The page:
Track US Congressional Earmarks Via Google Earth

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The Sunlight Foundation has released a KML file of US Congressional earmarks from the most recent House Defense Appropriations Bill. The file can be viewed in Google Earth or on Google Maps; I have embedded a map above.

The data comes from Sunlight’s Earmark Watch. As they describe the project in their FAQ:

Earmark Watch is an experiment in distributed research. We have provided a space on the Web that allows users to investigate and evaluate earmarks — spending provisions requested by individual members of Congress that target taxpayer dollars to specific projects and recipients — in two ways. First, they associate some basic information with the recipient of an earmark — including each recipient’s Web and physical addresses, whether the recipient has lobbied Congress or whether its executives have donated money to federal election campaigns. Second, they can provide additional research and commentary on each earmark, to help determine the extent to which members of Congress earmark funds to meet important local needs in their districts or states. Earmark Watch is a forum for citizen scrutiny and oversight of the thousands of earmarks inserted into federal spending measures. We hope to provide both quantitative data–a count of the number of earmark recipients that lobby Congress or have executives who’ve given to congressional campaigns–as well as a forum for lively debate over what constitutes a worthwhile expenditure of federal funds–which earmarks meet pressing needs, which are political favors, and which are pure pork.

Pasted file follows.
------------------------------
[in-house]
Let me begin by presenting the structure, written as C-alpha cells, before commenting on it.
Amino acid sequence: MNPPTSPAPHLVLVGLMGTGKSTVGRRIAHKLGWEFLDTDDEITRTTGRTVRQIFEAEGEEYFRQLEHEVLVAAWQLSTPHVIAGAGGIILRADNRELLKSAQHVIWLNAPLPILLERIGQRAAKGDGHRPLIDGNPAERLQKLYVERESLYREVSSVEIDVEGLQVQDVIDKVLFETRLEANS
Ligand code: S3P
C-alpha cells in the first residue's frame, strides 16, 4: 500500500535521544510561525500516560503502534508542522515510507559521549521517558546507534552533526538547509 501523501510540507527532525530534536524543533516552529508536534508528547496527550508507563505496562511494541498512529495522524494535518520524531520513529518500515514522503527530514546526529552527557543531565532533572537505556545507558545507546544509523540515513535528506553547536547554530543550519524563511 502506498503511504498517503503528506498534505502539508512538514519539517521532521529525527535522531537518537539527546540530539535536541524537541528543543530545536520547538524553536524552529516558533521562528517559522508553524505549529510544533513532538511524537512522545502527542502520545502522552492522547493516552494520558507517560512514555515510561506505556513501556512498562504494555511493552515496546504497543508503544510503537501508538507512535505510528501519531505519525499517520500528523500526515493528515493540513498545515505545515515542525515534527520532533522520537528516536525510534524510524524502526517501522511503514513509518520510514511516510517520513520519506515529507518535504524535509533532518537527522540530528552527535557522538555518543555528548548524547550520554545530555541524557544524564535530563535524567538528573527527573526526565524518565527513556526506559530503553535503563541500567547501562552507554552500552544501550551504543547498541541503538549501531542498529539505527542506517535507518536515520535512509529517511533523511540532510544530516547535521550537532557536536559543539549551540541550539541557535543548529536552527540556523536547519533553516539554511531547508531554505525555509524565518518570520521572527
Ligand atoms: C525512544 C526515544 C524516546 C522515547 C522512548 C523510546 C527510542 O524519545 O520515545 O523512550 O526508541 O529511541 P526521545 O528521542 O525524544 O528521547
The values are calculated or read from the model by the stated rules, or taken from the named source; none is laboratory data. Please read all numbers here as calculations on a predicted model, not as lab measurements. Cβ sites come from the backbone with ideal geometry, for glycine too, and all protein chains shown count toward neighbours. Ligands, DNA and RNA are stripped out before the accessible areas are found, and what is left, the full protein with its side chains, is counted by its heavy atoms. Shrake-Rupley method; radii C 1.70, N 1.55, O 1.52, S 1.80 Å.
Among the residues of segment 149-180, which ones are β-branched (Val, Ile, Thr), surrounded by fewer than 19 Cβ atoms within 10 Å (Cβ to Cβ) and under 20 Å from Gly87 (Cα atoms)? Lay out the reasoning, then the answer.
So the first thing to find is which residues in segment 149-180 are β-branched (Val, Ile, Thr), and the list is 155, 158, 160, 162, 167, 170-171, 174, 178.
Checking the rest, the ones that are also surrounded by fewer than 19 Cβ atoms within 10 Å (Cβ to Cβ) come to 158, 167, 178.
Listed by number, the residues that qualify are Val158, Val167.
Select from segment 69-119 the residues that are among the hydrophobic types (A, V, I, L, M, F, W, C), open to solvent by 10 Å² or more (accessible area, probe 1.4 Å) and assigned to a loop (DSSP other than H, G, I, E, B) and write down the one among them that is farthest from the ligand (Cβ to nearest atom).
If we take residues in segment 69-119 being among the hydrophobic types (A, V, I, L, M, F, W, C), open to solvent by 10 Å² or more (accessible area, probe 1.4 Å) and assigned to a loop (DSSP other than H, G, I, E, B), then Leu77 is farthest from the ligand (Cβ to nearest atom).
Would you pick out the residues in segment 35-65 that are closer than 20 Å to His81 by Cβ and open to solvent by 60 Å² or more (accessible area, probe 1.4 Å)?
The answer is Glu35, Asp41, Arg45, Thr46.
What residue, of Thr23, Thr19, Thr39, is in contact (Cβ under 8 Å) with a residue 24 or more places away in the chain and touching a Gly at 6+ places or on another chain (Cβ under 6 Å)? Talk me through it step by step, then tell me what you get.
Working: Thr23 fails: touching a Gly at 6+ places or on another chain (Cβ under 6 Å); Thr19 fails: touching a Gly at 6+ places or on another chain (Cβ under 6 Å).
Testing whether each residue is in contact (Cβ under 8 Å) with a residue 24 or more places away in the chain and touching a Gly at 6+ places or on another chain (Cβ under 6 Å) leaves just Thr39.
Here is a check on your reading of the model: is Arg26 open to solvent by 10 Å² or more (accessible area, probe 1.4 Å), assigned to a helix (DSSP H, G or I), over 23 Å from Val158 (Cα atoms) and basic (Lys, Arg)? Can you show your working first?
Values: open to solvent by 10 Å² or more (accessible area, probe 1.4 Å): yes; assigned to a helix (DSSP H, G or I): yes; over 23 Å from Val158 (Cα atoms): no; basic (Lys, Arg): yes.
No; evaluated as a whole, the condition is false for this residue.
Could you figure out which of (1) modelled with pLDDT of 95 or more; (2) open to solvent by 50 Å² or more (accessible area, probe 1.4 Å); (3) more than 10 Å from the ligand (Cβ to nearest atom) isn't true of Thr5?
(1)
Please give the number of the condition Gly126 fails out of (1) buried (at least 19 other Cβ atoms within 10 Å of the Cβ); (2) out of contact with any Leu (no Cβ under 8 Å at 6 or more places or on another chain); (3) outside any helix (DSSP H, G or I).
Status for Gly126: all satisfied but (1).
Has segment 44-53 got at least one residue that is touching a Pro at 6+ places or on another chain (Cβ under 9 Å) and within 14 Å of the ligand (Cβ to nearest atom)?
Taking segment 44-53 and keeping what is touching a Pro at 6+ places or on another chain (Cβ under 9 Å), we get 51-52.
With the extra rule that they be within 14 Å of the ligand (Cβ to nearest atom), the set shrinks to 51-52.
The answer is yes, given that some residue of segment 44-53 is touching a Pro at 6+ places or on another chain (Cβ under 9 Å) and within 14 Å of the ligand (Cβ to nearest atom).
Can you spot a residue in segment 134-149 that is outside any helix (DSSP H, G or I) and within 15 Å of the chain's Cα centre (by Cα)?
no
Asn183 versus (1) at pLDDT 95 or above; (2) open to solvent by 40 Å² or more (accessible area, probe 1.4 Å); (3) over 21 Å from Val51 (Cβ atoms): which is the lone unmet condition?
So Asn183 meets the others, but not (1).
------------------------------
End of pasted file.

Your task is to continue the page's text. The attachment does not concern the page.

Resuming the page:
Similar projects like Washington Post’s Votes Database and the UK’s TheyWorkForYou (API) scrape Congressional/Parliamentary sites to create structured data. Earmark Watch has a similar aim, but uses its users like Mechanical Turkers to create structured data. I doubt the data used in Congressional Acts could easily be read by machines.

I hope Earmark Watch adds syndication (both RSS and KML) to their site. These types of projects will come in handy during the 2008 elections, but their impact will be minimized if its not easy to share the data (like on projects like this US election mashup – via ProgrammableWeb)

[via CNET]

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